In the Absence of Sun: A Korean American Woman’s Promise to Reunite Three Lost Generations of Her Family
"Lee’s bestselling debut, Still Life with Rice (1996), created quite a stir. It chronicled Lee’s grandmother’s 1950 escape from northern to southern Korea during a civil war that separated the Koreas and tore Lee’s grandmother’s family apart, as her eldest son, Lee Yong Woon, did not make it out of the north. Lee (who was born in Seoul, South Korea, and now lives in Los Angeles) used her uncle’s real name in Still Life and included his picture. Once that book became available in South Korea, Lee’s family was notified that her book had placed her relatives in North Korea in danger. Nonetheless, Lee promised her grandmother that she would see her son again, thus undertaking a daring mission chronicled here to reunite the family." (text taken from Amazon)
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Three Rivers Press
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For novices to the treatment of North Koreans by theor own government
Book Review: In The Absence of Sun by Helie Le
My name and information:
Instructor 10-12th grade Social Studies
Pine Richland H.S.
For novices to Korean politics and the totalitarian nature of the current regime in North Korea, Helie Le’s book gives some insight. However, the real value of the story lies in understanding family relationships and the intensity of those relationships in a Korean family. This book is a sequel to an earlier book, Still Life With Rice, which chronicles Helie’s grandmother’s escape from North Korea with her children in 1953. Her grandmother manages to leave with her family intact but then loses her eldest son to the North Koreans and her husband to death. The family proceeds on to the US but Le’s grandmother ruminates about finding her son somehow and reuniting the family. This sequel is about that reunification.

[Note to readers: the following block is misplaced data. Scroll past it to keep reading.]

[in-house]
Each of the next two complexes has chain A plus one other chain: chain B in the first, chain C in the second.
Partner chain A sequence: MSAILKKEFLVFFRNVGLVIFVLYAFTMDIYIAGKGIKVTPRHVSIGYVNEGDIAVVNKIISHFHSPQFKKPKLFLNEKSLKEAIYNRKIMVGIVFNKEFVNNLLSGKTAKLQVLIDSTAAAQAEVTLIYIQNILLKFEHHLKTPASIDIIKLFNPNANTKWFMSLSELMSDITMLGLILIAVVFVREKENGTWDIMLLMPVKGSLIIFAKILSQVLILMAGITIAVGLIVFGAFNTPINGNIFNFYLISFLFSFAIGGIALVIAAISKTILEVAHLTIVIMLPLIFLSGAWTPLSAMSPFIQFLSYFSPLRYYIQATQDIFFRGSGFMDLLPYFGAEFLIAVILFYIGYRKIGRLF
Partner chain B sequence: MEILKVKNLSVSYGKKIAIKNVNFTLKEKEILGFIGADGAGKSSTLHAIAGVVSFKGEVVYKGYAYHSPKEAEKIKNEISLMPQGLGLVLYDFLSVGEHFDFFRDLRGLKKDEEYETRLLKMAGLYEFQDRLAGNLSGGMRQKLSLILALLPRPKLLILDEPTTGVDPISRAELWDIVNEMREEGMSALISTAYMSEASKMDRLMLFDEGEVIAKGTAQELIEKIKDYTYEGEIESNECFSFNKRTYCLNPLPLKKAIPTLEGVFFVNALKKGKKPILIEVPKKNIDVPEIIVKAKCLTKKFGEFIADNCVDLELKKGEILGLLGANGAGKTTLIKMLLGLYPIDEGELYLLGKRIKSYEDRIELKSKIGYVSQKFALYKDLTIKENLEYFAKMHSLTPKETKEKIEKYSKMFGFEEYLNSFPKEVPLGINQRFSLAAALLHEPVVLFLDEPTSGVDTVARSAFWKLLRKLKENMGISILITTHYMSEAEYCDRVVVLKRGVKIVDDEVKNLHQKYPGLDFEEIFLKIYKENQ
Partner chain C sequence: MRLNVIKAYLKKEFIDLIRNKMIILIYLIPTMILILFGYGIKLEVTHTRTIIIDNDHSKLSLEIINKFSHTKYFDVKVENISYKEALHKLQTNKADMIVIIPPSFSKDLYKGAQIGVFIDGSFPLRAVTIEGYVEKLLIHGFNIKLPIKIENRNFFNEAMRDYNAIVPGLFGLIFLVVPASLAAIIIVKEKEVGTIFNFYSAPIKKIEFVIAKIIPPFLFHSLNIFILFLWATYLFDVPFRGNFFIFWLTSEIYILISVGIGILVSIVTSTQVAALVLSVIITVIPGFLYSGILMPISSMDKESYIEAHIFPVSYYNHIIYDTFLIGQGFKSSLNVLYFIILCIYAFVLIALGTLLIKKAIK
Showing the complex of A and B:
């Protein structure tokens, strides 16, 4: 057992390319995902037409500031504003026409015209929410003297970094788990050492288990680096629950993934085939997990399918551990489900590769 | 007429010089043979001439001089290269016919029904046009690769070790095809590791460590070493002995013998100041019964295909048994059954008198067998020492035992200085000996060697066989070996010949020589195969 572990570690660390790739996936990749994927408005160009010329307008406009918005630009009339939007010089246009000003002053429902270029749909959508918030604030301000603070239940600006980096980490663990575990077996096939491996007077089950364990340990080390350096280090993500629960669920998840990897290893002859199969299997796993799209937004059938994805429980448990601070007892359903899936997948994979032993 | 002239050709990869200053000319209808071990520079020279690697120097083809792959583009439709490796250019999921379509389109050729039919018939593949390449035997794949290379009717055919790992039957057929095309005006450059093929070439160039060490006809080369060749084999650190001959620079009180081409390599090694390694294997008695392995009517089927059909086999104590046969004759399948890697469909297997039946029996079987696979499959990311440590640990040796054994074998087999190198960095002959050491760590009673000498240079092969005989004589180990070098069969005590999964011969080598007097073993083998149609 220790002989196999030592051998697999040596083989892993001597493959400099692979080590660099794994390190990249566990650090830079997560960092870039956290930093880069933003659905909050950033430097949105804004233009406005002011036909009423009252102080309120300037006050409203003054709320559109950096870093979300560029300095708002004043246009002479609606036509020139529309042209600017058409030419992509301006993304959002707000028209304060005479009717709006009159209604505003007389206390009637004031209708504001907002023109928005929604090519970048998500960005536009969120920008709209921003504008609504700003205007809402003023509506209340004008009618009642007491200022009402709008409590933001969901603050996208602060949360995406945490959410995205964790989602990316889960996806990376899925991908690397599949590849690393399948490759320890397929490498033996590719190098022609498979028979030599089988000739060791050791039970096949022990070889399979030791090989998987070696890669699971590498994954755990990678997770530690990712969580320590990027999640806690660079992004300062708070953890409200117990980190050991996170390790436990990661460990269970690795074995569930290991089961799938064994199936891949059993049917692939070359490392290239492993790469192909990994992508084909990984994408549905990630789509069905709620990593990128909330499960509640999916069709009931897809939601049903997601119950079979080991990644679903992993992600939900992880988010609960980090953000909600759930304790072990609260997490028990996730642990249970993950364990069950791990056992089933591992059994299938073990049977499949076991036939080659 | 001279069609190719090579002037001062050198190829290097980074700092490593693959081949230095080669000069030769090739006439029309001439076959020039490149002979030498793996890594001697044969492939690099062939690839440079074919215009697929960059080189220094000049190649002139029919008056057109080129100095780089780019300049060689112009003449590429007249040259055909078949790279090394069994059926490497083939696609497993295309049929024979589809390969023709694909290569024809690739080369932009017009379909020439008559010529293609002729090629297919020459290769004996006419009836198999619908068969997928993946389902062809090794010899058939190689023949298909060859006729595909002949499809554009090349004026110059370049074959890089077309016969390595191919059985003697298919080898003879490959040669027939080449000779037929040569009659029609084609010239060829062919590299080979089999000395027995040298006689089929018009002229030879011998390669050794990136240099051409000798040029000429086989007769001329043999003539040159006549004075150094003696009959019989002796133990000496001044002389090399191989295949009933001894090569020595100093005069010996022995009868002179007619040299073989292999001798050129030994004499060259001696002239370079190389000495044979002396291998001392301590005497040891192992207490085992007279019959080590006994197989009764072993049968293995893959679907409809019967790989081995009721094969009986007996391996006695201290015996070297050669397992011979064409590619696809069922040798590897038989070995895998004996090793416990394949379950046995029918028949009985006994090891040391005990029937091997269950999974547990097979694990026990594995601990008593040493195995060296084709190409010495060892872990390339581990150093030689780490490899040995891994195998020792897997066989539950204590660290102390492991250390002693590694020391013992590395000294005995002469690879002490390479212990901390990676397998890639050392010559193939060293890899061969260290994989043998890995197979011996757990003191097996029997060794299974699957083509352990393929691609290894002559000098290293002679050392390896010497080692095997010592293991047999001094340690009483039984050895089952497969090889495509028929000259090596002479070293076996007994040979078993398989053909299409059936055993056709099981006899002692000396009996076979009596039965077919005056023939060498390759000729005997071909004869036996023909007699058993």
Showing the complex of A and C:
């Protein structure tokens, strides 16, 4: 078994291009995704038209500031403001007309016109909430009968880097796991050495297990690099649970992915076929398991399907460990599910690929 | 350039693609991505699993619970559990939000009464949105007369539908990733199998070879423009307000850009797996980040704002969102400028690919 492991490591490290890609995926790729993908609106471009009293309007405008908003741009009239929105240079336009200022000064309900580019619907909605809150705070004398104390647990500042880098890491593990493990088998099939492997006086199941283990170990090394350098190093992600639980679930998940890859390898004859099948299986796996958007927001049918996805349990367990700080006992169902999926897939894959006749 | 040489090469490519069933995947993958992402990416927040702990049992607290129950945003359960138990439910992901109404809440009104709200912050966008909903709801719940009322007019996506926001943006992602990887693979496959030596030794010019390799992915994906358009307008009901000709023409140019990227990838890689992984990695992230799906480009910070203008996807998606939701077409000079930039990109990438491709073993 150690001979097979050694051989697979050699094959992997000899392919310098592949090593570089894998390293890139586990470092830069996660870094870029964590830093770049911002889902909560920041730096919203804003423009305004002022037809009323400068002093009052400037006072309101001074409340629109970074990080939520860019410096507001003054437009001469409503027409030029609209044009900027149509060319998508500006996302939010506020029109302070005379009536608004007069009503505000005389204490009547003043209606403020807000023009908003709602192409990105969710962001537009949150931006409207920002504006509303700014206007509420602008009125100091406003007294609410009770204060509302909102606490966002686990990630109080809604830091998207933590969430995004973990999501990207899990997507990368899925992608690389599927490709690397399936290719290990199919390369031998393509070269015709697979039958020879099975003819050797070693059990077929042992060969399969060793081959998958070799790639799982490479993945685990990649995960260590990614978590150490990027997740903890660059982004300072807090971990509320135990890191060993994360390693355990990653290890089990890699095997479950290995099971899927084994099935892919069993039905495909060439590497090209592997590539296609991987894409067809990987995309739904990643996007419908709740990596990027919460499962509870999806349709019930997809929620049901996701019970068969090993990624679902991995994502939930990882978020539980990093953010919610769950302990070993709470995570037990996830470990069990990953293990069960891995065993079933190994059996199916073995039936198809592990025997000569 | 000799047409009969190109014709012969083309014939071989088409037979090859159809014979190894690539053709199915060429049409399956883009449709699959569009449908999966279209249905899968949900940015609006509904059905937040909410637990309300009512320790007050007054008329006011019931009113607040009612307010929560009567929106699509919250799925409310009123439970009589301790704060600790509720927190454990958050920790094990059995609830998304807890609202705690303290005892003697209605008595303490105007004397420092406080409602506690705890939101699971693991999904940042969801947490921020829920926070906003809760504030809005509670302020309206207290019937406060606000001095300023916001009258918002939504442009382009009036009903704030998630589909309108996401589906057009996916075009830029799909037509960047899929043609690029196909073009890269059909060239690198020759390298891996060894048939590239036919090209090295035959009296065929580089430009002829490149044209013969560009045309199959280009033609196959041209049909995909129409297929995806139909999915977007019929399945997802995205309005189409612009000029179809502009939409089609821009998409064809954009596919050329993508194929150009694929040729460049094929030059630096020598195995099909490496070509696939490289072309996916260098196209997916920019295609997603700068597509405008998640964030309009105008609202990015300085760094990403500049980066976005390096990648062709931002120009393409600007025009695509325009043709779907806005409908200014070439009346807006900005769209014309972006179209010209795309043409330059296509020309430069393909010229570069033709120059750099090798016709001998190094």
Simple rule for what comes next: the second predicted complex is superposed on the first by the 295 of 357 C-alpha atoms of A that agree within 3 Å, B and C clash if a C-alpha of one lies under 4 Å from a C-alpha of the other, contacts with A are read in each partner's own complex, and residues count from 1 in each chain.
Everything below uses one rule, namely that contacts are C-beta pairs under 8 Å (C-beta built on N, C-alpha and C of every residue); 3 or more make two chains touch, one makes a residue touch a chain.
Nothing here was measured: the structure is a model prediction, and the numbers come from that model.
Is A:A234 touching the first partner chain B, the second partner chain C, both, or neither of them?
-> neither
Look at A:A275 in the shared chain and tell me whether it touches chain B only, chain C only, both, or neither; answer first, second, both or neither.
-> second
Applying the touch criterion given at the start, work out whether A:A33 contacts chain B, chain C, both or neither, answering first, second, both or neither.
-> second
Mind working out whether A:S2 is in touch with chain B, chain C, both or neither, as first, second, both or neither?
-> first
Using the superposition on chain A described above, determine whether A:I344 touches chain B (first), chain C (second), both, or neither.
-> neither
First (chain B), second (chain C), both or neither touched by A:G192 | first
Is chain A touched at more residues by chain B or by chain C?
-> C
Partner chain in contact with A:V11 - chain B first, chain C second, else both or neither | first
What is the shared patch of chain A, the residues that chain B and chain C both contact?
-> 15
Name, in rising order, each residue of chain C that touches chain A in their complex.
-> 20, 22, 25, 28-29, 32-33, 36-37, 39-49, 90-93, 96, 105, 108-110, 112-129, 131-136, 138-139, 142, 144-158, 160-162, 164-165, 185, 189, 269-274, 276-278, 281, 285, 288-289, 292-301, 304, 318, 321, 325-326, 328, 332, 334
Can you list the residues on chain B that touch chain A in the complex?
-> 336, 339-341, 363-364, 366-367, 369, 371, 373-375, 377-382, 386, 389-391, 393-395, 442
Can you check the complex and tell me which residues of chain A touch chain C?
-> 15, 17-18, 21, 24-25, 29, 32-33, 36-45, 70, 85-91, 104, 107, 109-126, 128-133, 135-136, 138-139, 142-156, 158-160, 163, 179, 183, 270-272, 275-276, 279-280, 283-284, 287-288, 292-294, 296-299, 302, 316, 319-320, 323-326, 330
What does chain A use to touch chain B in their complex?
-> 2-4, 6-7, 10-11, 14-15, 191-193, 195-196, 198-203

The book part like a detective story and part CIA thriller as Helie tries desperately to work any angle with multiple forces in order to find her uncle and bring him and his family to South Korea. Life in North Korea, as presented by the author, is horrific and controlled. The book also reads as an expatriate version of life back home. Helie, of course, never lived in North Korea and she bases the book on letters from her uncle and family in North Korea and what she can see across the Yalu River. This is not to minimize her exposure of North Korea but just to say that no background information is given on this.
Again, the value of this book is in the understanding the reader gets about the importance of family obligations. Helie’s grandmother and her wishes are so important to the family and in a way that westerners would have trouble believing. Helie must reckon with many forces to accomplish the mission of reuniting her family not the least of which is her internal struggle as she tries to grapple with her own responsibility for the plight of her extended family and her obsession with making her grandmother happy.
Finally I would not recommend this entire book for a World History class but possibly parts of it. There are a few age inappropriate scenes between Helie and her boyfriend and Helie and her relationship with the guide who escorts her family out of North Korea. However, parts of the book could be useful for 10th through 12th graders as long as a separate account of conditions in North Korea was available as well.